Canadians aged 65+ represent 16 per cent of the population and include 5,700,000 Canadians according to Statistics Canada. The numbers are expected to balloon to 25 per cent by 2036. Today there are more people in Canada 65 and older than under 15.
This surge in The Age Wave is intensifying the demand for care. A survey commissioned by the Canadian Medical Association says that 61 per cent of Canadians over 45 are wary that hospitals and long-term care facilities will not be able to accommodate their changing needs as they age.
The idea of boomers (born between 1946 and 1965) caring for their parents as well as their children and spouses/partners has become a reality in many households as families struggle to keep loved ones at home.
These new demographics are forcing Canada’s health care system to undergo a myriad of changes. As a communications professional who’s worked in this older adult sector for many years, I consider this new-found focus on bridging the gap as family members transition from hospital care to home a refreshing imperative. All eyes are on the patient pathway, how we transition the ill and recovering from care facilities to home, a journey I believe we should view as a relay with the patient likened to the precious cargo, the baton.
A relay involves all athletes working together and supporting each other every step of the race, ensuring that each athlete starts their leg of the race feeling prepared and at their best. And the hand-off of the baton symbolizes each step of the patient pathway, transferring from the care of doctors to social workers to family members many of whom become caregivers. It’s crucial that this “patient hand-off” is done the same way as athletes passing on the baton- everyone involved needs to be alert and “in the know” at all times.
Today, one in 12 patients is readmitted to hospital within 30 days of being discharged. Frequently this is as a result of a glitch in communication somewhere in the patient hand-off, or passing of the baton.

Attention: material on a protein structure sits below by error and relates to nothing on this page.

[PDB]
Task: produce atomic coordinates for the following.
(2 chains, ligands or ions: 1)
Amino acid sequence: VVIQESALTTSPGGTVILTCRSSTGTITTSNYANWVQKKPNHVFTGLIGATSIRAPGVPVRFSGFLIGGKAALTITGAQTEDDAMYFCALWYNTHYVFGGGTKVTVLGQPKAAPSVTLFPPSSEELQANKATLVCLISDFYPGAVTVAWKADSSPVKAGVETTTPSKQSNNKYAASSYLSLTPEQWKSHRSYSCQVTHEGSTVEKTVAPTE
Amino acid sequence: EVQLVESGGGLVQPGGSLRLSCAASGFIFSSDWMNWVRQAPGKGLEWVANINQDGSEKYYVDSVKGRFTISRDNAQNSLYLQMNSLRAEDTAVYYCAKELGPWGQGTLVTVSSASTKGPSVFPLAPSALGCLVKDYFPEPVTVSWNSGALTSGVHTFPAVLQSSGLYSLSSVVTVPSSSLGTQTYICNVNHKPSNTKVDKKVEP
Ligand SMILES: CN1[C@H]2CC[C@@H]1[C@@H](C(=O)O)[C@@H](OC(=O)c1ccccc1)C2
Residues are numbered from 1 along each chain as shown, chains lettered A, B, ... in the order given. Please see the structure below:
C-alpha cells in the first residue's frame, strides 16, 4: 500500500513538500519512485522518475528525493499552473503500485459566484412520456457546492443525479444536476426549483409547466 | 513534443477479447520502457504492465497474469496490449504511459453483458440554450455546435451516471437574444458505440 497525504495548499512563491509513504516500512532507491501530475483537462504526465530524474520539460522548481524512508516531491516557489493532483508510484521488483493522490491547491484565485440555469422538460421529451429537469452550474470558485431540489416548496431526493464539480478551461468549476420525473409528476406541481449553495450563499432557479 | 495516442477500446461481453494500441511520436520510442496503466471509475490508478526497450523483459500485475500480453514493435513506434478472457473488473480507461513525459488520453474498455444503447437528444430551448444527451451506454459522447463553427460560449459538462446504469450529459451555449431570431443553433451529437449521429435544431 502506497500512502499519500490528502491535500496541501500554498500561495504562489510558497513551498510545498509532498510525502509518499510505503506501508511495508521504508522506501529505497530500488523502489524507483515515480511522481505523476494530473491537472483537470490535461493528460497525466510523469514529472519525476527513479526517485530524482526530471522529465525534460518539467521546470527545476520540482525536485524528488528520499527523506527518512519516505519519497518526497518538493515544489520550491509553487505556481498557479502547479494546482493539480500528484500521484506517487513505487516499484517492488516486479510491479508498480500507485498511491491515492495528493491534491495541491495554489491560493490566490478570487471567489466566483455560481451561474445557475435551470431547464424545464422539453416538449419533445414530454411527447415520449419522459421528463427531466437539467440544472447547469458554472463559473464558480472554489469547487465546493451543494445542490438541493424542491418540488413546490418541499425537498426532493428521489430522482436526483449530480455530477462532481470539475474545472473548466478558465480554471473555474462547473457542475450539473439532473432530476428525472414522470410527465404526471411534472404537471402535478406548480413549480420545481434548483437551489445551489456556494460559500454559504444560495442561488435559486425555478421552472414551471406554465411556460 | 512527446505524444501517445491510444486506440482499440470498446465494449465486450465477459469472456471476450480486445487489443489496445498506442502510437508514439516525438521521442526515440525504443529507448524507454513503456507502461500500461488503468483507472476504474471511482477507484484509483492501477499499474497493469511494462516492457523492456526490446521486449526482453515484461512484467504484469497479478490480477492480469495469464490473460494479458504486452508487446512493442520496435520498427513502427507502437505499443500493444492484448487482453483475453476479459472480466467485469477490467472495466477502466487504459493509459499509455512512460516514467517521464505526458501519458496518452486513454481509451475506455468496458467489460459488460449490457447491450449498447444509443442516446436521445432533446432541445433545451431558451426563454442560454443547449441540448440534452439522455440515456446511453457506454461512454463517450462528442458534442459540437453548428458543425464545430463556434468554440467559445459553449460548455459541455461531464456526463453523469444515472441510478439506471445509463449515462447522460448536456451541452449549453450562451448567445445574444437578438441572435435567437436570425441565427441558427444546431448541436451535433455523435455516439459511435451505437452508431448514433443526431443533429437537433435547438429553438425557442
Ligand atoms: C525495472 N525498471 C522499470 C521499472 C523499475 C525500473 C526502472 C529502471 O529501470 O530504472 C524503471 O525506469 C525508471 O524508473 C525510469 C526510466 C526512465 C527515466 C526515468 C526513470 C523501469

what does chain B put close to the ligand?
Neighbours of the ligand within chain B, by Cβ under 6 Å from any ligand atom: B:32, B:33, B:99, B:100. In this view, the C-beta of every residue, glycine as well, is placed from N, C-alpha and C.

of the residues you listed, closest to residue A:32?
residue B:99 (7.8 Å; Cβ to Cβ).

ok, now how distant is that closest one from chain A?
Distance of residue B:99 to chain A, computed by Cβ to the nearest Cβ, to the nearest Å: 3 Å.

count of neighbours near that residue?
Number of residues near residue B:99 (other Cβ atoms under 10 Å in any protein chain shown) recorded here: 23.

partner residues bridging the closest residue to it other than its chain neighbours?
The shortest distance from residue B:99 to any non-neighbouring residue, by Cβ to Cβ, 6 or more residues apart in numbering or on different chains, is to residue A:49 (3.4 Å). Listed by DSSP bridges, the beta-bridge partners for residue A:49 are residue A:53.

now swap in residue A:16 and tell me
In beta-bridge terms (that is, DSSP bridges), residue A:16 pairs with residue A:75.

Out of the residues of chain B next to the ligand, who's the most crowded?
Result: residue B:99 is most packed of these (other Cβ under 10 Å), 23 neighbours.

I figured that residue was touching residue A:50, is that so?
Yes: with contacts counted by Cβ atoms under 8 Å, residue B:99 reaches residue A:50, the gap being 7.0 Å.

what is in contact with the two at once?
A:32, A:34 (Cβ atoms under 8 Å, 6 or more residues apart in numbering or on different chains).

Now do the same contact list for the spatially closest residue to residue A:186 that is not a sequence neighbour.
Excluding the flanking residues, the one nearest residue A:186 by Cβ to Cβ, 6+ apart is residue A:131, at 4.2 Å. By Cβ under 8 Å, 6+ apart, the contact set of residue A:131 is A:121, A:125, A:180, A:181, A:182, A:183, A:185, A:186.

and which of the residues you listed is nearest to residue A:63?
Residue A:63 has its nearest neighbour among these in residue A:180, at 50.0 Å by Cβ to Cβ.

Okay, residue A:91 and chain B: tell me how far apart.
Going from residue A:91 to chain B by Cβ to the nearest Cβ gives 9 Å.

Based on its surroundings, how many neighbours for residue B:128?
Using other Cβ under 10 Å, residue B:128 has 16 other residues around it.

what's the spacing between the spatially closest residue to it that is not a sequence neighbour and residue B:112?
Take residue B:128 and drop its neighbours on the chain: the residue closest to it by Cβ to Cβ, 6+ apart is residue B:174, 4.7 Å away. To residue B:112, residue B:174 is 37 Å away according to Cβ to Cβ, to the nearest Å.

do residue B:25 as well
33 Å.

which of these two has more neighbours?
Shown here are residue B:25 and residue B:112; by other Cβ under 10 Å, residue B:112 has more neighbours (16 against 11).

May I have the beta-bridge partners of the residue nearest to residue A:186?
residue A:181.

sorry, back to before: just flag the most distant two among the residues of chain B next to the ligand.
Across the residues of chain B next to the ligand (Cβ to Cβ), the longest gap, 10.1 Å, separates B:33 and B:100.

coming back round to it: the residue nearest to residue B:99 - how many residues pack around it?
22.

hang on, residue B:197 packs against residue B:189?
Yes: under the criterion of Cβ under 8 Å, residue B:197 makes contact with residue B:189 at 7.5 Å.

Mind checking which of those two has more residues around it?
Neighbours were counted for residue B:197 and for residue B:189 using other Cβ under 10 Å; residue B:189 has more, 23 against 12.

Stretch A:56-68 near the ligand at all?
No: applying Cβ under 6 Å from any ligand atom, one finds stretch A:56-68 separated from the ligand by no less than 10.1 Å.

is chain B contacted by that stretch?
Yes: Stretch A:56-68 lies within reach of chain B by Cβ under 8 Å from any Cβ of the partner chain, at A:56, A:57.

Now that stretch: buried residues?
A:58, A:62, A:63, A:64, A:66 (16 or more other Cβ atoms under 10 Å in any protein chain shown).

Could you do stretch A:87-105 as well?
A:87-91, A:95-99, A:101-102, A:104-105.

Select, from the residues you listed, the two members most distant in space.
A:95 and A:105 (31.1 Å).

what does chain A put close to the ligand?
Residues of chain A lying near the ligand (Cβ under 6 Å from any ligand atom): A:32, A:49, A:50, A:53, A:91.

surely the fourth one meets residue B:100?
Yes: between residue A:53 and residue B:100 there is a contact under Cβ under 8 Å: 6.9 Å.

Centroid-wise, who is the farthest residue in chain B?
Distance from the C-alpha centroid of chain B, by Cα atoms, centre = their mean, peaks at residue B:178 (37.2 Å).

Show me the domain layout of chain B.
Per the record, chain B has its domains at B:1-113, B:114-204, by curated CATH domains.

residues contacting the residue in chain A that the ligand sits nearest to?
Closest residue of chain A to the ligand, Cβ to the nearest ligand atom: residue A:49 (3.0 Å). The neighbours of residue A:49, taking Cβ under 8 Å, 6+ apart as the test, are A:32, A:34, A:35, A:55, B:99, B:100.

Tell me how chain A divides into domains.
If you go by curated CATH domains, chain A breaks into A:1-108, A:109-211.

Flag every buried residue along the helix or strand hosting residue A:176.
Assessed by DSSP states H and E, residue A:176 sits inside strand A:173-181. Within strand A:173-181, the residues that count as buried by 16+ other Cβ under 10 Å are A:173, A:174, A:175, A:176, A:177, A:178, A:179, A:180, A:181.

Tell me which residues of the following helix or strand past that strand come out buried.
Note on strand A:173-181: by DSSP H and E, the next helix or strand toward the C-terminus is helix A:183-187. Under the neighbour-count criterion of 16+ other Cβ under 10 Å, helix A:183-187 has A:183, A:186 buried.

“Families can become overwhelmed when a loved one is transitioning from a hospital stay to home,” says Bruce Mahony, of Home Instead Senior Care in Toronto. “These challenges can be a matter of logistics – such as the time of discharge, whether their loved one is prepared to leave the hospital, understanding medication and other health-related requirements, and the next steps of their recovery plan. It can be very confusing and there can easily be a breakdown in communication.”
When patients are sent home unprepared, they can misplace or misunderstand discharge instructions leaving them vulnerable to a hospital readmission. To reduce this risk, a combination of specific care and coordination can secure a safe and successful transition.
Speaking as a daughter of a 91-year-old father who spent a lengthy time in hospital, I have a few of my own recommendations that I believe will contribute to a more person-centered approach in the patient pathway, enabling an easier hand-off throughout the process.
- Health care professionals and family caregivers must collaborate. This can be done by initiating the conversation and building relationships with those involved in the patient’s care and with community resources including family doctors, pharmacists, Meals on Wheels, community centres and gyms.
- Family caregivers should feel free to ask questions and not be intimidated. Active dialogue and open communication between all those involved in the patient pathway is key. This will stem from building relationships with one another and being fully informed with all that’s involved in each stage of the patient experience.
- As a caregiver, feel free to admit when you’ve had enough or are in over your head. Ask for help from friends, community resources and family doctors. Respite is also available from professional caregivers or, for older adults, with short-stays in retirement residences.
As our baby boomers and seniors age, the patient pathway can be daunting. But with open lines of communication and active engagement on all fronts, the baton won’t drop and the patient family is better served. It’s a win-win situation for everyone.